The microbiological theory adds knowledge about the activity of individual microorganisms, which all together make up the environmental microbial community. Of course, the activity of microorganisms cannot overcome the laws of physics or chemistry, but the microbial enzyme machinery provides important catalysts without which most of the chemical processes would proceed very slowly or not at all. Therefore, microorganisms with particular catalytic functions must be present in sufficient numbers to allow a process to proceed. If such microorganisms are absent or inactive, processes may fail to proceed even when thermodynamic conditions are favorable. In soils with the potential for methanogenesis, important microbial functions include hydrolysis of complex organic matter, various fermentation processes, methanogenic processes and processes involved in the sequential reduction of inorganic compounds. Hydrolytic and fermenting bacteria degrade complex organic matter to H2, CO2 and simple organic compounds, which are subsequently further fermented to acetate, H2 and CO2. These compounds are the substrates for methanogenic archaea, which convert them to CH4 and CO2 [3,14,16,17]. Methyl compounds (e.g., methanol, trimethylamine, dimethylsulfide) are also possible substrates for methylotrophic methanogenesis, for example during degradation of pectin-producing methanol or in saline environments where methyl compounds are produced from osmolytes [14].
A sufficiently high water potential is a precondition for all microbial activity, which usually strongly decreases below −6 bar, although potential for growth of particular bacteria may be maintained down to −70 bar [18,19]. The decrease in water potential during the desiccation process can initiate the formation of microbial dormancy, including resting stages such as spores and cysts [20]. Dormancy will persist until the water potential becomes permissive again. Since many microorganisms, e.g., methanogenic archaea, do not form resting stages, it is unclear to which extent they can switch into dormancy and survive detrimental conditions. Microorganisms catalyzing the methanogenic degradation of organic matter are believed to be facultatively or obligately anaerobic, meaning that growth and/or activity of these microorganisms requires the absence of O2 and sometimes even a low (<−330 mV) redox potential [15]. Methanogenic archaea in particular are unable to proliferate in the presence of O2, and their activity is strongly inhibited [3].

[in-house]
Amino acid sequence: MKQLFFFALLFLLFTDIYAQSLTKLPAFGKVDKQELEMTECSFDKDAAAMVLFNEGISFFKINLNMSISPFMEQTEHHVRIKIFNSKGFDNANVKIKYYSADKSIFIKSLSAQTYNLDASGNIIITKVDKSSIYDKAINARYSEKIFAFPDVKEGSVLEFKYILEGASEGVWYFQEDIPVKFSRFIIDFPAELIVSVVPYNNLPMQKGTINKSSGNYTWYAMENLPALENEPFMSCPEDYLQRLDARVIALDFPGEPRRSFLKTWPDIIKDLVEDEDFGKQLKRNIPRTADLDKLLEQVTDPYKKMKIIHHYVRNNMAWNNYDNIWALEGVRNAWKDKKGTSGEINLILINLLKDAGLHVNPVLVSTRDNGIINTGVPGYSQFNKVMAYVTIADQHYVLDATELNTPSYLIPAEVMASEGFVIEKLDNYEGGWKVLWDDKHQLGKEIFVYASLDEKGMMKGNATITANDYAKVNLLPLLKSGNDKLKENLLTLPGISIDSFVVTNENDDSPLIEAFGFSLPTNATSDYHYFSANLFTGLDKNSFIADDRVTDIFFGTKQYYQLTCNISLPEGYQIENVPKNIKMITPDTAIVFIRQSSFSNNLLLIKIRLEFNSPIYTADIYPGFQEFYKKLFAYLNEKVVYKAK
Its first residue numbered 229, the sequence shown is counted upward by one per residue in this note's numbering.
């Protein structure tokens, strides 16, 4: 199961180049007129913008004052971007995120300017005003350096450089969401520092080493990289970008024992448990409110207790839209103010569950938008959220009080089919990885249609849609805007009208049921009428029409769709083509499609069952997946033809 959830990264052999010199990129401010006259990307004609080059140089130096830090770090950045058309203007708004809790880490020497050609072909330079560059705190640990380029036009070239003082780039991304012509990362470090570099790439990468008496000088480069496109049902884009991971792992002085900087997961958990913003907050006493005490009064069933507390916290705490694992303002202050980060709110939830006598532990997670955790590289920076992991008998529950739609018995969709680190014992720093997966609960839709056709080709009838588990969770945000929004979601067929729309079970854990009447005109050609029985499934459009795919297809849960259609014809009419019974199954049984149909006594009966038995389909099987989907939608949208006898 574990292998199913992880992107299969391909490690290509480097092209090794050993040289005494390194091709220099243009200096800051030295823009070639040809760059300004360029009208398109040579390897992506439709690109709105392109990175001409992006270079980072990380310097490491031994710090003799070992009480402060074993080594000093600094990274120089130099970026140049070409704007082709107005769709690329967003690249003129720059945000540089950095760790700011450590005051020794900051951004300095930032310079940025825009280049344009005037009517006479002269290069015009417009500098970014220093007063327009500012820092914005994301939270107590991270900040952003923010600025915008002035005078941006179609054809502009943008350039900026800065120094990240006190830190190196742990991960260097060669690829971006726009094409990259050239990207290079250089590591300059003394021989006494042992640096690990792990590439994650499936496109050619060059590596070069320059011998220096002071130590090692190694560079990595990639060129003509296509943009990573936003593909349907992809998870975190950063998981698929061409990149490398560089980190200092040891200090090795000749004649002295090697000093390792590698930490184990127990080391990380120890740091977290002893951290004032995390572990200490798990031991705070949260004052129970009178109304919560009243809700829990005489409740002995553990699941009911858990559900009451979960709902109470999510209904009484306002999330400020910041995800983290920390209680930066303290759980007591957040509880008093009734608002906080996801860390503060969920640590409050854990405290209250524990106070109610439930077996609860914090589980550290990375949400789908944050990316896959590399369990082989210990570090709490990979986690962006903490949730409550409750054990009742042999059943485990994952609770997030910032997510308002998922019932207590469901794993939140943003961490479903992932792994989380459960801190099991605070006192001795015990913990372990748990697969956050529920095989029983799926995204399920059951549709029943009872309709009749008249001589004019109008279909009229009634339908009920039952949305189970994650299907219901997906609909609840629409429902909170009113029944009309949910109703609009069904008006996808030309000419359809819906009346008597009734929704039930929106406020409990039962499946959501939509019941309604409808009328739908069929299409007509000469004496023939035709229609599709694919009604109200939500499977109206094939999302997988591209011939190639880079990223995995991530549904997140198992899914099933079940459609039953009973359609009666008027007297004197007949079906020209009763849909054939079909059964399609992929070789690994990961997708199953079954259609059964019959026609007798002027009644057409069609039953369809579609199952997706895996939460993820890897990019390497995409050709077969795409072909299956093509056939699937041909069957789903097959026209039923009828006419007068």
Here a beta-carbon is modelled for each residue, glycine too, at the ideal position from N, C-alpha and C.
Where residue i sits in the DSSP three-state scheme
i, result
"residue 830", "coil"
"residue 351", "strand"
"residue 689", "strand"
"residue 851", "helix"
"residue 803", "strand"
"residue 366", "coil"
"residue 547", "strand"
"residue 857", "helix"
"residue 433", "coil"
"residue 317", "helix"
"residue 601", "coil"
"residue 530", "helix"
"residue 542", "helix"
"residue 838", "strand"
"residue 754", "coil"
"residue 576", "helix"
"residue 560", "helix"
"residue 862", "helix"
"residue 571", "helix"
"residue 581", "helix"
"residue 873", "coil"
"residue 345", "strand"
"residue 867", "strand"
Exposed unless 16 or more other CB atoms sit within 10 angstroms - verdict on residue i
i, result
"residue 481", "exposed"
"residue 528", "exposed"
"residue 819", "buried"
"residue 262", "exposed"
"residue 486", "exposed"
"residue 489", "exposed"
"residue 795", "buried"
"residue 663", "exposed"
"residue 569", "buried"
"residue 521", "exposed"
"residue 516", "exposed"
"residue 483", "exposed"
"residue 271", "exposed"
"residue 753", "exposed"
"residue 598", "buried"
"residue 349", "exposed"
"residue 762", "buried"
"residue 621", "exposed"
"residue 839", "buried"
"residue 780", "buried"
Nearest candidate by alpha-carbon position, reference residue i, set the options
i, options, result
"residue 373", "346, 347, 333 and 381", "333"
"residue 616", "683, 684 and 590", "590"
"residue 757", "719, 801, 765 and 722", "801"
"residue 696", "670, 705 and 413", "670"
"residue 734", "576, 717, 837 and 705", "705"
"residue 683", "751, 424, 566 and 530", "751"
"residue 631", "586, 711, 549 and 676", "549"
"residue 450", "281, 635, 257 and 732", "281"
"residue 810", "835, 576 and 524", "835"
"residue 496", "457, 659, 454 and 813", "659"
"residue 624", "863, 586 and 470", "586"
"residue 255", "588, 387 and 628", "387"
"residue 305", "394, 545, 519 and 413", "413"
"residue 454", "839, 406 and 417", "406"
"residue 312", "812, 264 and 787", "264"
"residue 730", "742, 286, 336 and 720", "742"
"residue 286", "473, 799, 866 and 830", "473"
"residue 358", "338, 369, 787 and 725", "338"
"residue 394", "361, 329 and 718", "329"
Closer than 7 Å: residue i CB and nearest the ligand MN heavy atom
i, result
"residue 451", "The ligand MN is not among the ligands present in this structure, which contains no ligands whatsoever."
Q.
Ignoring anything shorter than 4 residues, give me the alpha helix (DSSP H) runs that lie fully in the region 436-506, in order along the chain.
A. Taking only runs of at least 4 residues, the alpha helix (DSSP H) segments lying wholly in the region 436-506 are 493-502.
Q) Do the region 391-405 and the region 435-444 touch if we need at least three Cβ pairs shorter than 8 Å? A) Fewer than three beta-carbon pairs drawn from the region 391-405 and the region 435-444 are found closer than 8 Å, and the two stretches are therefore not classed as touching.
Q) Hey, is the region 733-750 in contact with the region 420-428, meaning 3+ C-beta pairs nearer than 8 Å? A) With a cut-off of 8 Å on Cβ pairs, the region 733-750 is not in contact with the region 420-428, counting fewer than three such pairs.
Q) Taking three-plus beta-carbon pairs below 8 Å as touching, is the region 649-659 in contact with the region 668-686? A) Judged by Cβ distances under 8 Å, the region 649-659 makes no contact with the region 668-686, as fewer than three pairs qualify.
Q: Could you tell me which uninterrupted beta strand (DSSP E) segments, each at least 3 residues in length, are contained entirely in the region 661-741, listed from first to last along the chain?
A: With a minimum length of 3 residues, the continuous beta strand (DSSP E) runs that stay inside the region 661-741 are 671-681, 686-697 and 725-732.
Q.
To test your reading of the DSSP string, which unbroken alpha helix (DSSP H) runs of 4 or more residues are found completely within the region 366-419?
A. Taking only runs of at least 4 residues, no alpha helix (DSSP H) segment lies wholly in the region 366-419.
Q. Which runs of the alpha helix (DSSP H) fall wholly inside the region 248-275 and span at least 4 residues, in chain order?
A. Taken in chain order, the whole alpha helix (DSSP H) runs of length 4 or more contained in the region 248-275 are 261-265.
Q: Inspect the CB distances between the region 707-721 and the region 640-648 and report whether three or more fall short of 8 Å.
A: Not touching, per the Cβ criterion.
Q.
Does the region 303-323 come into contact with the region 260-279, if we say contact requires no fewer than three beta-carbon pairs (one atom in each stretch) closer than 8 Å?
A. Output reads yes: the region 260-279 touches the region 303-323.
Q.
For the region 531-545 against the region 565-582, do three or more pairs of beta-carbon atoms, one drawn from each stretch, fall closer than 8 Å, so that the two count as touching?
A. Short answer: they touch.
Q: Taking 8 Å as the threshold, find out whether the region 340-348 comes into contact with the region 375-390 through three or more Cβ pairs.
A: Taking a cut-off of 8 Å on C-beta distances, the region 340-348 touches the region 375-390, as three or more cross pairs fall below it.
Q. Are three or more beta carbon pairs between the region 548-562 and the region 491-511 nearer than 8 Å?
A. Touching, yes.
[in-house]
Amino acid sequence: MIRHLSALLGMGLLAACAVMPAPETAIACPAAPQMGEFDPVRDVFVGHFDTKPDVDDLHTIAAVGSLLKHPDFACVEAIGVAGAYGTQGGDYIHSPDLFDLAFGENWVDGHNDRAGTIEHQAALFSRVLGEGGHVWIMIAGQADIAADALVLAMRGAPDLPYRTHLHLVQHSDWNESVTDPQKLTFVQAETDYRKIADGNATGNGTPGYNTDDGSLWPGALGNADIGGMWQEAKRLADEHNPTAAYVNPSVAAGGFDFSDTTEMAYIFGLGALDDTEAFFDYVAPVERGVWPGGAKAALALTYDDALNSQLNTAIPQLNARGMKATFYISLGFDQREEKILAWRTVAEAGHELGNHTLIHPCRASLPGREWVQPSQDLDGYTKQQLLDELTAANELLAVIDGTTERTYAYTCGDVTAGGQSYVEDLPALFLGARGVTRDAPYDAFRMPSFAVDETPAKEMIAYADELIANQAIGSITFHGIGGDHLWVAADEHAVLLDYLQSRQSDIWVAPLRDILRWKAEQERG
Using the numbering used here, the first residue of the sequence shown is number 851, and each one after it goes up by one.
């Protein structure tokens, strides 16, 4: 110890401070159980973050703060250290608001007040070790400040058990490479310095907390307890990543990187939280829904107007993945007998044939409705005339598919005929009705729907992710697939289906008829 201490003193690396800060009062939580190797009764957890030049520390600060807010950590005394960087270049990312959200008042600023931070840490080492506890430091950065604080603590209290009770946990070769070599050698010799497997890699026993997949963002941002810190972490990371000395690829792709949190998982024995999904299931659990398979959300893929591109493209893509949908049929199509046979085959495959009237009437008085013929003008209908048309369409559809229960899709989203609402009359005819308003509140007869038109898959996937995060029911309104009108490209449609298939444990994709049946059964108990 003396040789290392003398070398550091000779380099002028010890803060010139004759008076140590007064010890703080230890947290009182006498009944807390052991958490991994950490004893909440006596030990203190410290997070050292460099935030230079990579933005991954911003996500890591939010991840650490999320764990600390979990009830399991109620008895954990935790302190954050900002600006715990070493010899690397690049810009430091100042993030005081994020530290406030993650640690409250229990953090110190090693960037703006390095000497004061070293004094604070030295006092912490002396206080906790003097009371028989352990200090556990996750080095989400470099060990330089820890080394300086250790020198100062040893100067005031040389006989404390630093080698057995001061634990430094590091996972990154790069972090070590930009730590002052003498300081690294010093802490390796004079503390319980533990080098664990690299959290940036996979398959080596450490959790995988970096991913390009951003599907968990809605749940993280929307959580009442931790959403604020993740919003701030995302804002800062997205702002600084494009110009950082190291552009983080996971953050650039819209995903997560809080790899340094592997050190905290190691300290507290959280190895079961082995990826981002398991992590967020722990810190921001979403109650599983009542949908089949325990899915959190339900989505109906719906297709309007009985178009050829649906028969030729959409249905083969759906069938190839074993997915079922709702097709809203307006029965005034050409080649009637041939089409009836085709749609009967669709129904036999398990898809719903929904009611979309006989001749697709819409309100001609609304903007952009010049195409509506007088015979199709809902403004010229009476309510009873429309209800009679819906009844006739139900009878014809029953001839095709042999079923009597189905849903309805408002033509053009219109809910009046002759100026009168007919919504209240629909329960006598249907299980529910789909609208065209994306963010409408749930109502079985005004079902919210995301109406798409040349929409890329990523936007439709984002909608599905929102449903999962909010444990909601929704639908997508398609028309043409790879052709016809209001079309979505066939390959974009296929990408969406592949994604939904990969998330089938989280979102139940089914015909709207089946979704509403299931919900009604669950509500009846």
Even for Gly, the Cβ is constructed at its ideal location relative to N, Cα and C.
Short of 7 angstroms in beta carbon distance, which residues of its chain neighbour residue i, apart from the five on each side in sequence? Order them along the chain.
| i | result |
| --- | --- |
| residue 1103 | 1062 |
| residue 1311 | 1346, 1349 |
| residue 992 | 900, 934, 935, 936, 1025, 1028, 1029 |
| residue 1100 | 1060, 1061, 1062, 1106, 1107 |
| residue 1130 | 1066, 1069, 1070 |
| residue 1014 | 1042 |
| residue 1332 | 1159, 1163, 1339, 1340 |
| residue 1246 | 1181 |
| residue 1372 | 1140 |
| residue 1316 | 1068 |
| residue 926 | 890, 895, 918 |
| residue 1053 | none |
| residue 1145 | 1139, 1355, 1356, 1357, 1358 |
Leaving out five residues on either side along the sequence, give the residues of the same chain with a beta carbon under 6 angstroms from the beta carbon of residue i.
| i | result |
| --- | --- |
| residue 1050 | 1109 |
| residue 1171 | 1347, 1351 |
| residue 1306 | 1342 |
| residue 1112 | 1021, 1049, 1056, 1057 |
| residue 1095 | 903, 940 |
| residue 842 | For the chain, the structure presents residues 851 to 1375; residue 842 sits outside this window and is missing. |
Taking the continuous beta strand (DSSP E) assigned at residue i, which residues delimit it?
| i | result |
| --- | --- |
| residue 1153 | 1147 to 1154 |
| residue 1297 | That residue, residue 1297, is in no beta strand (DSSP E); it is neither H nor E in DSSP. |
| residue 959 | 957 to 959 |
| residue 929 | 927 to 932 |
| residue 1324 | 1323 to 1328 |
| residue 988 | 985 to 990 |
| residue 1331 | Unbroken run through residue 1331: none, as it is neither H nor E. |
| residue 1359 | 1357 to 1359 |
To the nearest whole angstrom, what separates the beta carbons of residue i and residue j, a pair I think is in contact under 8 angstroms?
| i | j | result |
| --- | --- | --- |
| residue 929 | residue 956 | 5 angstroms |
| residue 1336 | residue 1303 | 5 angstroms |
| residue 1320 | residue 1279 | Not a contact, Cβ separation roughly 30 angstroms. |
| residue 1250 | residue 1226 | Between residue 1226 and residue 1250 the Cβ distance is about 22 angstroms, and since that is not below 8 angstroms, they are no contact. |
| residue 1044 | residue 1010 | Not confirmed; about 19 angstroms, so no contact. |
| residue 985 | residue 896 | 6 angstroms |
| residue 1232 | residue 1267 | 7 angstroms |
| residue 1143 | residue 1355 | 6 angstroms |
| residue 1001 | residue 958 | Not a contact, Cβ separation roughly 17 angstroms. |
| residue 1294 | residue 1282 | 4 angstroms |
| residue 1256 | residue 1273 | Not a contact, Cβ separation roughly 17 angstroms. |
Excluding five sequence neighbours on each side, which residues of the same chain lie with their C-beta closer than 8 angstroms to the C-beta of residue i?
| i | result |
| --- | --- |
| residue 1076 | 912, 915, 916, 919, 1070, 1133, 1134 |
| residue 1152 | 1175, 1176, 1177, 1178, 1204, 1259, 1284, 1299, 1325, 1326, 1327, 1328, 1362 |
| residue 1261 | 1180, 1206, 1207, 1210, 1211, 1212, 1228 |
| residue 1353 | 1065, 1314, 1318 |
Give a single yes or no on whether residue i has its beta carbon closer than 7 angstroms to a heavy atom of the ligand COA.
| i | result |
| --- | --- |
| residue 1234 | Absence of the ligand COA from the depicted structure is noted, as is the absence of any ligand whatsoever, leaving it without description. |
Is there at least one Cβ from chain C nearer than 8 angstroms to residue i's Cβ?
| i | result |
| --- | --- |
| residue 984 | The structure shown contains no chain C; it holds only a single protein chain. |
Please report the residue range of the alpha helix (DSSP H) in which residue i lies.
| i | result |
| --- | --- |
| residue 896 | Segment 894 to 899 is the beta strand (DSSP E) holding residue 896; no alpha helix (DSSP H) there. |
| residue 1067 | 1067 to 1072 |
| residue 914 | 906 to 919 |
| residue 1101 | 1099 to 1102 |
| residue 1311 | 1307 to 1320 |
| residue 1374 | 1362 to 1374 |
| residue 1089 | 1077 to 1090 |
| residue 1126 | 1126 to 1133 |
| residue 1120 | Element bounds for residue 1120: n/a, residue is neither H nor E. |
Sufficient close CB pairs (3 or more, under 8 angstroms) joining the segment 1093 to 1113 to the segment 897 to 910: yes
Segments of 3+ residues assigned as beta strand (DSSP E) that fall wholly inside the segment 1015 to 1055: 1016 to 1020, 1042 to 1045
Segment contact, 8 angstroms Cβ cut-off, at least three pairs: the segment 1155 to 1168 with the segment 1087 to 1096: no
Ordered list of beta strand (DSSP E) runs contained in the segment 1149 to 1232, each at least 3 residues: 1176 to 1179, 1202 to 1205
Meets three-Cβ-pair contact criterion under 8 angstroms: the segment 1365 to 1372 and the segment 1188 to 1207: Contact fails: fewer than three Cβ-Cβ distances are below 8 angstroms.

Another important theoretical microbiological background concerns the concentrations of the growth substrates required for energy generation. Both the catalytic activities and the growth rates of microbial populations depend on substrate concentrations. The relationship is usually a hyperbolic one, described by the Michaelis–Menten and the Monod equations for catalytic activity and for population growth, respectively [21,22]. Both equations are parametrized with respect to their maximum rates (Vmax, µmax, respectively) and the substrate concentrations (Km, KS, respectively) at which the rates are half-maximal. The lower threshold (T) for utilization of the methanogenic substrate is another important parameter [23,24]. As a consequence, activity and growth of microorganisms depend on the concentrations of their substrates (both electron donors and acceptors), for which they may compete. The microorganisms with the better catalytic parameters (e.g., µmax, KS, T) will win the competition over a limiting substrate and, for example, outgrow a competitor. Please note that the result is comparable (but not identical) to that caused by chemical competition according to the ΔG values that are also dependent on the concentrations of substrates (but also on those of the products) according to Nernst law. For example, different hydrogenotrophic methanogenic species have different characteristic kinetic parameters, in particular thresholds for H2 consumption [25,26,27,28]. There are two groups of methanogens distinguished by their threshold concentrations for H2 that operate with different modifications of the CO2 reduction pathway [29]. There are also two groups of acetotrophic methanogens (Methanothrix spp. versus Methanosarcina spp.) having different enzyme systems for acetate activation and which consequently dominate at different acetate concentrations in the environment [30,31,32].

2. Flooding and Desiccation